Opinion

The grave dangers of Trump's 'patriotic correctness'

Trump questioning Ilhan Omar's patriotism isn't just dangerous for her. It's dangerous for everybody.

Rep. Ilhan Omar (D-Minn.) misspoke. In a speech about Islam and civil liberties in America, she described the 9/11 attacks with a phrase — "some people did something" — far too casual. In context, Omar's words were an inartful expression of a legitimate frustration: that, in the wake of this horror, the U.S. security state went into hyperdrive, and the rights of the innocent many were violated because of the abhorrent deeds of the guilty few. Out of context, her words have become a jingoistic cause célèbre.

Naturally, President Trump got in on the action, tweeting a video which juxtaposed Omar's phrase with graphic footage of the terror attacks. Omar reported receiving a "sharp increase" in death threats after the tweet, many of them explicitly referencing Trump's post. But, presented with this information by a local reporter while visiting Omar's home state on Monday, the president was unconcerned.

He had no second thoughts about the tweet, Trump said, "not at all." Omar has "got a way about her that's very, very bad, I think, for our country," he continued. "I think she's extremely unpatriotic and extremely disrespectful to our country."

The logic here is stunning: For those who demonstrate insufficient patriotism, death threats are no problem. In fact, they may even be appropriate. Fail to adequately perform uncritical affection for the United States and it will be noticed and punished. Real Americans police each other's patriotism, Trump seems to be saying, and those who are "extremely unpatriotic and extremely disrespectful to our country" cannot expect to get off scot-free.

Of course, it goes without saying that controversial speech will have consequences. Omar could not anticipate — and I very much doubt she did anticipate — that her speech would be met with universal agreement or even silence from those who don't share her views. No politician with a national profile would be naive enough to imagine she could avoid confrontation; in this very speech, in fact, Omar called on American Muslims to be willing to "make people uncomfortable" in their civil rights activism if necessary.

But there is a chasm between the consequences Omar could have rightfully expected (criticism, denunciation, lost votes, lost office) and those she got (death threats, fueled in part by a tweet from the president, who does not regret his role in inspiring what are hopefully empty menaces to Omar's life). The former is appropriate and normal — part of participating in public conversation in a country like ours. The latter is what happens when patriotism goes awry, when devotion to the nation-state takes a turn toward the idolatrous, when we stop wanting what is best for our communities and simply want to be the best, unchallenged by even what is intended as constructive critique.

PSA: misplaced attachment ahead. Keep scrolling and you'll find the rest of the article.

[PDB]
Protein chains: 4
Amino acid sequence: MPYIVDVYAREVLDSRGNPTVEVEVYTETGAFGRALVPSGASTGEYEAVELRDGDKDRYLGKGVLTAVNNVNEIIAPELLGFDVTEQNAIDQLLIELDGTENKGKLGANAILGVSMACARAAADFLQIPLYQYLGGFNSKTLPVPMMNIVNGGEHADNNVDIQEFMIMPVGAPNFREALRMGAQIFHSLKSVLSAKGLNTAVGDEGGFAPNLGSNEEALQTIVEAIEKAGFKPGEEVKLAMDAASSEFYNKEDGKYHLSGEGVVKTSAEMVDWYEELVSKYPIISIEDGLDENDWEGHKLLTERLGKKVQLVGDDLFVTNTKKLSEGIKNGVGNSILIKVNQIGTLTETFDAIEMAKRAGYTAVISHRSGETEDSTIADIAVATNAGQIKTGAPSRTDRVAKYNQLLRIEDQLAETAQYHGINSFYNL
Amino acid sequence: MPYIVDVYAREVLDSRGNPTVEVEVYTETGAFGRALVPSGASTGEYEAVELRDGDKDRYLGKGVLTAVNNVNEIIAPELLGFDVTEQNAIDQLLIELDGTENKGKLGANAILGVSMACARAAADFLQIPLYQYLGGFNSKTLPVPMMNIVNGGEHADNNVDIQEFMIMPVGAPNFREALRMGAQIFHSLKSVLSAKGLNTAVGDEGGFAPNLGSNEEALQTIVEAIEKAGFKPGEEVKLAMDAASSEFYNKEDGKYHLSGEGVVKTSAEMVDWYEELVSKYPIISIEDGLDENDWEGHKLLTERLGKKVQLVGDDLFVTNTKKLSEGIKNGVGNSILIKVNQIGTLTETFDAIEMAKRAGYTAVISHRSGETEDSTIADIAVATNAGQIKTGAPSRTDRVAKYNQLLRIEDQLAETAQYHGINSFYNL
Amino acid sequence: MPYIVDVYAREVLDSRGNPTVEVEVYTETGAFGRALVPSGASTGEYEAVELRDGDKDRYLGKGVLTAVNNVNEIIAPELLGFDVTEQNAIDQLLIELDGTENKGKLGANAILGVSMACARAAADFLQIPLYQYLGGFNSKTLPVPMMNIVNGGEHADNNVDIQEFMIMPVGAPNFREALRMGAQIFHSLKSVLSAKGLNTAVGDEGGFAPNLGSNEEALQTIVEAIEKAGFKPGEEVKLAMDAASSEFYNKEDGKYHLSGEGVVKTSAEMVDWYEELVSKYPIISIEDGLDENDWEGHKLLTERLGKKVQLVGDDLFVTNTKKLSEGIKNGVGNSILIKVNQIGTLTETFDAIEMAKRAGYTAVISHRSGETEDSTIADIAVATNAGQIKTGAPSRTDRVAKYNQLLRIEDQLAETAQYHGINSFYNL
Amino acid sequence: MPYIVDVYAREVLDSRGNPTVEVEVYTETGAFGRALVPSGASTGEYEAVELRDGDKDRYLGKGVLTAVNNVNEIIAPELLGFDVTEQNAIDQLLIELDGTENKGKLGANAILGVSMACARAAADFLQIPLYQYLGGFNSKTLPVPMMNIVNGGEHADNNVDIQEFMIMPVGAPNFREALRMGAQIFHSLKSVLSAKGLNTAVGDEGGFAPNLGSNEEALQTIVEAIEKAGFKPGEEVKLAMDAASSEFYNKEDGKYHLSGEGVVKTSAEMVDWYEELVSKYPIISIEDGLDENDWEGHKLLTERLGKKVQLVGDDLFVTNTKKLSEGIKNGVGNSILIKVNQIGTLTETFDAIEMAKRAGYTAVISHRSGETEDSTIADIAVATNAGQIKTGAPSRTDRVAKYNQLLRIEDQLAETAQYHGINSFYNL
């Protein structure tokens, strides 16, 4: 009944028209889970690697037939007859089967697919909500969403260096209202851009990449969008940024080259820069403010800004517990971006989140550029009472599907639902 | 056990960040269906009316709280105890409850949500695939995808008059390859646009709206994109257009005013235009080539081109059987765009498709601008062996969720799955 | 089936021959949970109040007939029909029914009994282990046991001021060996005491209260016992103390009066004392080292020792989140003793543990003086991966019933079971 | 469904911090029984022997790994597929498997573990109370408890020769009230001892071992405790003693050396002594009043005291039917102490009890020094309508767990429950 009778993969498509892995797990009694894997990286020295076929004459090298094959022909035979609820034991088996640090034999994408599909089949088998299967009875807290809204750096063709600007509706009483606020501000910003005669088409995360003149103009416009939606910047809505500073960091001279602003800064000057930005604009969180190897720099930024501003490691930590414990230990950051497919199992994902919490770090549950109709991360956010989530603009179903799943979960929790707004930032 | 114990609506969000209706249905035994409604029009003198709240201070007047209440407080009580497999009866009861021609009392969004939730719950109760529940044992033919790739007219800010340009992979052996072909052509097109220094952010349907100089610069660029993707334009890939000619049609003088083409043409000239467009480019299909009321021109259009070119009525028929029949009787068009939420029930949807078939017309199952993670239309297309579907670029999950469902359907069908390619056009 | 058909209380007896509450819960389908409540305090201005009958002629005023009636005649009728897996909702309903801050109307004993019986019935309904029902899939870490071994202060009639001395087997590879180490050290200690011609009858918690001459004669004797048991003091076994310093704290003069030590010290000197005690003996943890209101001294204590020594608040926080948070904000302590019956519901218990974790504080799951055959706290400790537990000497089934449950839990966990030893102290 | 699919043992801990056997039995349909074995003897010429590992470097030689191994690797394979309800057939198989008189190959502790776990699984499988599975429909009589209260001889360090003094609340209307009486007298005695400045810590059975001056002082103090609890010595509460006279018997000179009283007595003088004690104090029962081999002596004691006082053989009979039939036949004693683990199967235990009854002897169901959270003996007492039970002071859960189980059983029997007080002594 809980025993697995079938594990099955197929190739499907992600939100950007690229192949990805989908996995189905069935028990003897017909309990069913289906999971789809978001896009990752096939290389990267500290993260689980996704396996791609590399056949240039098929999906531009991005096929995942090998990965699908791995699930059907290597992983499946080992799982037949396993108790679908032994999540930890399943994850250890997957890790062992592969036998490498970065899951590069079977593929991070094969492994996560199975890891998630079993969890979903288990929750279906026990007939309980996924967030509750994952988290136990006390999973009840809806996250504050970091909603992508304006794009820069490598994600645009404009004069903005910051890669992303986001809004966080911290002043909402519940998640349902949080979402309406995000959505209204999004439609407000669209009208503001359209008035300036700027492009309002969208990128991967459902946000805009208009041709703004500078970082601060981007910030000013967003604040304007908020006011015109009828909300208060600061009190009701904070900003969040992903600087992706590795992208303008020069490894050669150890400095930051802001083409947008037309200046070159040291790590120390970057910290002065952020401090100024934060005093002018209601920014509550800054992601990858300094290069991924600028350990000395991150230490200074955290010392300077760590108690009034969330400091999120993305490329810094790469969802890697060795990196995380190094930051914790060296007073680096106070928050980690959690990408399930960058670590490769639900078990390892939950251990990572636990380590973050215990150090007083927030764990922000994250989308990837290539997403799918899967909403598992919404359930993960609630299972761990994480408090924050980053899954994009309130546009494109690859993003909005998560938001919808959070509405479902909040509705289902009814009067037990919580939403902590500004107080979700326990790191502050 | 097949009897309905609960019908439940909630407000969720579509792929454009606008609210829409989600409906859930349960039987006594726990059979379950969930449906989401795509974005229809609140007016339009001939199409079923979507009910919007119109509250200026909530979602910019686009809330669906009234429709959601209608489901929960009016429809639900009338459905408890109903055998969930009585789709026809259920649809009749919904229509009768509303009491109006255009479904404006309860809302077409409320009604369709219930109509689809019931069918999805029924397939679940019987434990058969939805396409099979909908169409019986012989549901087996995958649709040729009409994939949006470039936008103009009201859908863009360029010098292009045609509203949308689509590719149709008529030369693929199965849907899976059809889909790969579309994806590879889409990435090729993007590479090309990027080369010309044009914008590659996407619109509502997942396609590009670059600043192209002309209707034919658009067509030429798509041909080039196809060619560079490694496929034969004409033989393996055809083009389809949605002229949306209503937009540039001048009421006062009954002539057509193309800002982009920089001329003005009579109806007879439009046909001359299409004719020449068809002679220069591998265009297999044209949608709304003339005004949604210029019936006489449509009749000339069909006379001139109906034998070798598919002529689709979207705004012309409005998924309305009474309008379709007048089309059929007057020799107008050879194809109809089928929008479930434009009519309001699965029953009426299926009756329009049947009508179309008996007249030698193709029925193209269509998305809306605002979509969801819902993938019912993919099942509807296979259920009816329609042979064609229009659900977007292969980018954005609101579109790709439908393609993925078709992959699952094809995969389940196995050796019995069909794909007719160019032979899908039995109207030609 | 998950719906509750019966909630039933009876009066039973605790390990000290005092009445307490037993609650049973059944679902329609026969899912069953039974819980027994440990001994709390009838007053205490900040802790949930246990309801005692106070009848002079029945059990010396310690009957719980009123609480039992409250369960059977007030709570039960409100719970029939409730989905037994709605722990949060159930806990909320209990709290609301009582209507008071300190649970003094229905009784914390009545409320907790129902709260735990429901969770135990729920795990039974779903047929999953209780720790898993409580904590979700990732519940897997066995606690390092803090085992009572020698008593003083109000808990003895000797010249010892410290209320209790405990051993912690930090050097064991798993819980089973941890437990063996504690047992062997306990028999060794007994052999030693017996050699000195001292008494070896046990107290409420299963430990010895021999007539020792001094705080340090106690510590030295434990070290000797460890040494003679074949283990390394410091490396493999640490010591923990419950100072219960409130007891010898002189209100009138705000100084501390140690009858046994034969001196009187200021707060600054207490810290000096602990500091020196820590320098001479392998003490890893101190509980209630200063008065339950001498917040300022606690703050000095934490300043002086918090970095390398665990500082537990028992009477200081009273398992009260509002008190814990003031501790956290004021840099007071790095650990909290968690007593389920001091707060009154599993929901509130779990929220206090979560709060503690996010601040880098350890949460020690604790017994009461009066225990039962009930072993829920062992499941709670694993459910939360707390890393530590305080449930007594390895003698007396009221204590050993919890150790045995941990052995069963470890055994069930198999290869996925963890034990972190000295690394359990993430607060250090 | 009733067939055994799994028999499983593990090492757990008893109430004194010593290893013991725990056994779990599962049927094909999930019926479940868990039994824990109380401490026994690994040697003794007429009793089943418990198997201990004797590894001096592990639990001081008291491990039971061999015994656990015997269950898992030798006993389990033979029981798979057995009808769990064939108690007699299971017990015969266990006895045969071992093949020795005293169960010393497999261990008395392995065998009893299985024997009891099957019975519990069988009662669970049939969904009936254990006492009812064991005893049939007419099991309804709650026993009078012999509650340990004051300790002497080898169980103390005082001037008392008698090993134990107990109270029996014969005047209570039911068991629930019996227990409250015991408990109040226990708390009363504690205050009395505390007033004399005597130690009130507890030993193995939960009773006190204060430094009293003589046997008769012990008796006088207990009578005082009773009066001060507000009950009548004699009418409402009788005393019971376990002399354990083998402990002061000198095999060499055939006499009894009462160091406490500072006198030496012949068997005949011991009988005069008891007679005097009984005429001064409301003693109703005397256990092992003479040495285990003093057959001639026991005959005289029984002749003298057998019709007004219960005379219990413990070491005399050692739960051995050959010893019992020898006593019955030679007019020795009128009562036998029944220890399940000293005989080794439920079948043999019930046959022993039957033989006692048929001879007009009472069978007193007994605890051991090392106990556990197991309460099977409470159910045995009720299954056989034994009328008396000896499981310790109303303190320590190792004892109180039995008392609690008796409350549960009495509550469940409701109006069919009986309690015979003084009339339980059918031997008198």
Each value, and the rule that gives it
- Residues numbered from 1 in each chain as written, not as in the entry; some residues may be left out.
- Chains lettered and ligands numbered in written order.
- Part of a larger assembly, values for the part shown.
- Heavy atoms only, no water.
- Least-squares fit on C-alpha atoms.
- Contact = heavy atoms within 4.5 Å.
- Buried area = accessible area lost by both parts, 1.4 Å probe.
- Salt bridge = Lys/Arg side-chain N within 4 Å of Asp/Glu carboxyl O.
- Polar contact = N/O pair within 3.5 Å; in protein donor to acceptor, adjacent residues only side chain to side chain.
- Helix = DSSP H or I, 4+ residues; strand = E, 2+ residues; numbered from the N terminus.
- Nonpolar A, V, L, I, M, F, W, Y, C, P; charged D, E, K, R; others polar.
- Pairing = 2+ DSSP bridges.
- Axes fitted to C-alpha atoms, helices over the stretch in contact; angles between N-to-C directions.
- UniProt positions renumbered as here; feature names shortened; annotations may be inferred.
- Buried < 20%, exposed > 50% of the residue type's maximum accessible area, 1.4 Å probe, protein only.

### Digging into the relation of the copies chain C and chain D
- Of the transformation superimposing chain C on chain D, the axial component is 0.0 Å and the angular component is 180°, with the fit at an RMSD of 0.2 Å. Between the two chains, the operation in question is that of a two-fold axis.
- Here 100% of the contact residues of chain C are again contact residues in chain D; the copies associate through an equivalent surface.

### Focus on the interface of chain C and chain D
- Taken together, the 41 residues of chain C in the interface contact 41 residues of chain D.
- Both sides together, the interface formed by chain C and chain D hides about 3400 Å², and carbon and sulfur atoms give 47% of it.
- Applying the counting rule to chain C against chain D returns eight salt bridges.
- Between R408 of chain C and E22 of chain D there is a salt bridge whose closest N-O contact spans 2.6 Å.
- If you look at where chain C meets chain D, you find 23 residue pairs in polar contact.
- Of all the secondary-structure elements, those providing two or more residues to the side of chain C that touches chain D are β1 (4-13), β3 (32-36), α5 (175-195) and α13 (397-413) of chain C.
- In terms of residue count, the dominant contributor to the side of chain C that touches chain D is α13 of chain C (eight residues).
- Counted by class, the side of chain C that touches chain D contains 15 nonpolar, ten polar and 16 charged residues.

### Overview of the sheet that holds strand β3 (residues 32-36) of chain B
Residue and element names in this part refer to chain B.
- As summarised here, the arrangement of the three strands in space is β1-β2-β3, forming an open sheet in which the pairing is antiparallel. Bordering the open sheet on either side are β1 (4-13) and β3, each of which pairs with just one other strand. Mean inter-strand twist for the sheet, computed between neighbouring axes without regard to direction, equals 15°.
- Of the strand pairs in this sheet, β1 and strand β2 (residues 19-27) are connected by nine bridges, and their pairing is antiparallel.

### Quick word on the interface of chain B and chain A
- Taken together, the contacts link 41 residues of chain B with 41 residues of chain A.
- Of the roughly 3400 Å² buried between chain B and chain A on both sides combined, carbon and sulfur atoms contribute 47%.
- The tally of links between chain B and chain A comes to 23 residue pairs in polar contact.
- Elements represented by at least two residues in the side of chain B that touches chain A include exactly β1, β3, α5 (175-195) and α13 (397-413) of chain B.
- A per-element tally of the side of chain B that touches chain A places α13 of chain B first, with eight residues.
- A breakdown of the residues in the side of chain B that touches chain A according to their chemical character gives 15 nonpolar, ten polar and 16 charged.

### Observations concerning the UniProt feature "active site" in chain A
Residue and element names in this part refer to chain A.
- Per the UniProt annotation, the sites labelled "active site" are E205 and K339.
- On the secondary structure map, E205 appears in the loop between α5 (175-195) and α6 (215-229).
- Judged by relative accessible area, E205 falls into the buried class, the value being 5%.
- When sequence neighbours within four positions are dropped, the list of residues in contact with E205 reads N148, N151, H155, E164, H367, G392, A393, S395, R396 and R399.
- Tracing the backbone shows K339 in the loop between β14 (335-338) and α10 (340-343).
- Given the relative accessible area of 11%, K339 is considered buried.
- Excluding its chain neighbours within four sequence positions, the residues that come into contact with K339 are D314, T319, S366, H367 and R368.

This poisonous sort of patriotism — I'll use Trump's word, though "nationalism" would serve as well — is jealous and officious by nature. It demands to be complete, so it requires its observants be ever vigilant for dissent. The result is what the Cato Institute's Alex Nowrasteh has astutely dubbed "patriotic correctness":

It's a full-throated, un-nuanced, uncompromising defense of American nationalism, history, and cherry-picked ideals. Central to its thesis is the belief that nothing in America can't be fixed by more patriotism enforced by public shaming, boycotts, and policies to cut out foreign and non-American influences. Insufficient displays of patriotism among the patriotically correct can result in exclusion from public life and ruined careers. It also restricts honest criticism of failed public policies, diverting blame for things like the war in Iraq to those Americans who didn't support the war effort enough. [Alex Nowrasteh via The Washington Post]

For those operating with a full-blown case of patriotic correctness — and Trump is unquestionably one of the fever's Typhoid Marys — "anything less than chest-thumping jingoism is capitulation" to those perceived to be America's enemies, Nowrasteh writes. It is, in effect, a type of treason (which, recall, is a death penalty offense. Trump's comfort with his role in Omar's receipt of death threats makes a certain grim sense by this rationale).

Thus it is no surprise to find Trump employing “treason” language with some regularity. "I think what the Democrats are doing with the Border is TREASONOUS," he tweeted last week, two days before posting the Omar video. This is a blatantly false accusation: Democrats' border security policies, whatever we think of them, simply do not fit the Constitution's intentionally precise definition of treason, which was narrowly crafted to avoid the abuse of this charge practiced by the monarchs of old Europe.

Kings who claimed to govern by divine right could levy charges of treason to suppress public dissent. Presidents of a nation ostensibly governed by its people — people who disagree on many things, immigration and our policy response to 9/11 both included — are not supposed to do the same.

That Trump does so, and that he does it with the support or at least indifference of so many, should serve as a glaring warning against the ugliness the patriotic correctness he practices can produce. Any demand of loyalty that has us making, condoning, or downplaying threats of murder over a crude turn of phrase is a loyalty imbalanced. It does not benefit our country, and it is no virtue.

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